Doreen from Hymns and Verses was inspired to give a $10 thrift store mirror a complete makeover using lace and paint. To create the lovely lace design,
Doreen used a technique in which she “stenciled” the back with lace and then finished it with a faux mercury glass treatment. She did an amazing job achieving a truly vintage look.
Doreen pulled off her project by combining an old mirror, a piece of cut glass, some lace material and a nifty process to create her mercury glass effect.
Here’s how you can do it…
Get your frame
Finding an antique mirror frame isn’t too hard. If you don’t already have one, do what Doreen did and frequent your local thrift stores.
You’ll find something, even if it’s from the ’80s it’ll still work.
Buy a piece of glass
For the glass piece, Doreen just bought a piece of glass large enough to fit the frame and had it cut to the shape of the mirror. Any glass shop can do this too, but may be more expensive.
The new piece of glass is important because you’ll be “applying” the mercury glass effect on top with the lace design showing through faintly behind it.
Pick up some lace
The lace pattern you want to appear from behind the mirror is completely your choosing. You can use one single pattern such as this, or layer in several different designs like Doreen did.
Using lace gives this piece a unique effect. The idea is to create a mirror that isn’t perfectly reflective, and where it isn’t, you see light lace decoration sneaking through.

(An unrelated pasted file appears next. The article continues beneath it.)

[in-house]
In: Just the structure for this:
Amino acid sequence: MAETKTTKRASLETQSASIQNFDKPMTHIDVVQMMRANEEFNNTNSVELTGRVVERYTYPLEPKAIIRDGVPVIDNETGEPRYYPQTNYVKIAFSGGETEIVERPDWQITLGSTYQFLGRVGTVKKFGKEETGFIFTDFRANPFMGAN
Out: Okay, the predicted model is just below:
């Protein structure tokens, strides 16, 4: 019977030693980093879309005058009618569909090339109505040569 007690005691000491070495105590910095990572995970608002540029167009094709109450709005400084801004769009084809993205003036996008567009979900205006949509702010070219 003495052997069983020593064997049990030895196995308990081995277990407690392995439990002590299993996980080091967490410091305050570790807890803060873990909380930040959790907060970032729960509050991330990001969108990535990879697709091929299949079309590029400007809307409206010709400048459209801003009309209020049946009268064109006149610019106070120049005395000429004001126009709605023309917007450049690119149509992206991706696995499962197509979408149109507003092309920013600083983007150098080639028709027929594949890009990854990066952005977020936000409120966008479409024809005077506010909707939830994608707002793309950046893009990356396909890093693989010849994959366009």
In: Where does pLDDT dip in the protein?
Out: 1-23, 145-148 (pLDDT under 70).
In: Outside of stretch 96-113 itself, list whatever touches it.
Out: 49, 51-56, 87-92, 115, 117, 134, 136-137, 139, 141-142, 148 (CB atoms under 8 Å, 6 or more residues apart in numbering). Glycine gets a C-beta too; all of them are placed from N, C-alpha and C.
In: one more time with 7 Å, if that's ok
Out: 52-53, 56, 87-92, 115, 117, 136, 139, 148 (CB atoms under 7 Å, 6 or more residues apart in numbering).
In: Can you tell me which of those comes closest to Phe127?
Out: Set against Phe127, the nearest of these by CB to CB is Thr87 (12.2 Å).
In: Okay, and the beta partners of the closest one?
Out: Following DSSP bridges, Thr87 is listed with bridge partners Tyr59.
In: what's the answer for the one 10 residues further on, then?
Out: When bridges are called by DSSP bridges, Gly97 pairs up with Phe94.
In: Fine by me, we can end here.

Lace as a stencil…
Doreen doesn’t fix the actual lace material behind the mirror permanently. She merely uses it as a stencil. This is done by positioning it behind the glass, then spray-painting over the top.
Where the lace doesn’t mask the glass, paint comes through and the pattern is transferred to the glass.
The result is an even more vintage appearance to the mirror. The lace goes well with the distressed reflective quality and of course the aged border effect.
Visit any fabric shop to peruse lace designs. You don’t need much.
How to Get Distressed Mercury Glass
Now comes the real fun part. Aside from the frame, this is what really gives this project its biggest transformation to old fashioned charm-dom.
This is different from that old, moldy mirror you might find in an old house that’s in need of major TLC!
The steps Doreen followed match any good tutorial you’ll find online for creating this effect.
What you need is water, white vinegar, any spray bottle, and few sheets of paper towel.
1. Using Krylon’s Looking Glass spray paint, cover the front side of your glass piece. Do a couple coats, then let dry.
2. Mix equal parts water and vinegar into a spray bottle and spray onto painted surface until beaded water develops. It’s your preference here for how much beading you want.
You may not even want any, but just a medium amount of mist to settle on top. Try some test patches on a scrap of flat plastic to modify the effect to your liking.
3. After 5 minutes, gently dab across the wet surface with paper towel, lifting off a little bit of the paint as you go – use your artistic touch here and don’t remove too much paint!
Doreen was inspired by the Lace Etched Arched Mirror by Jo Gibbs that is sold at Anthropologie for $5,800.00. Ouch. No need to pay that when knock-off inspiration is free!
Create your own lace detail mirror following Doreen’s tutorial at Hymns and Verses. You can see more photos and the technique she used to distress the mirror border too.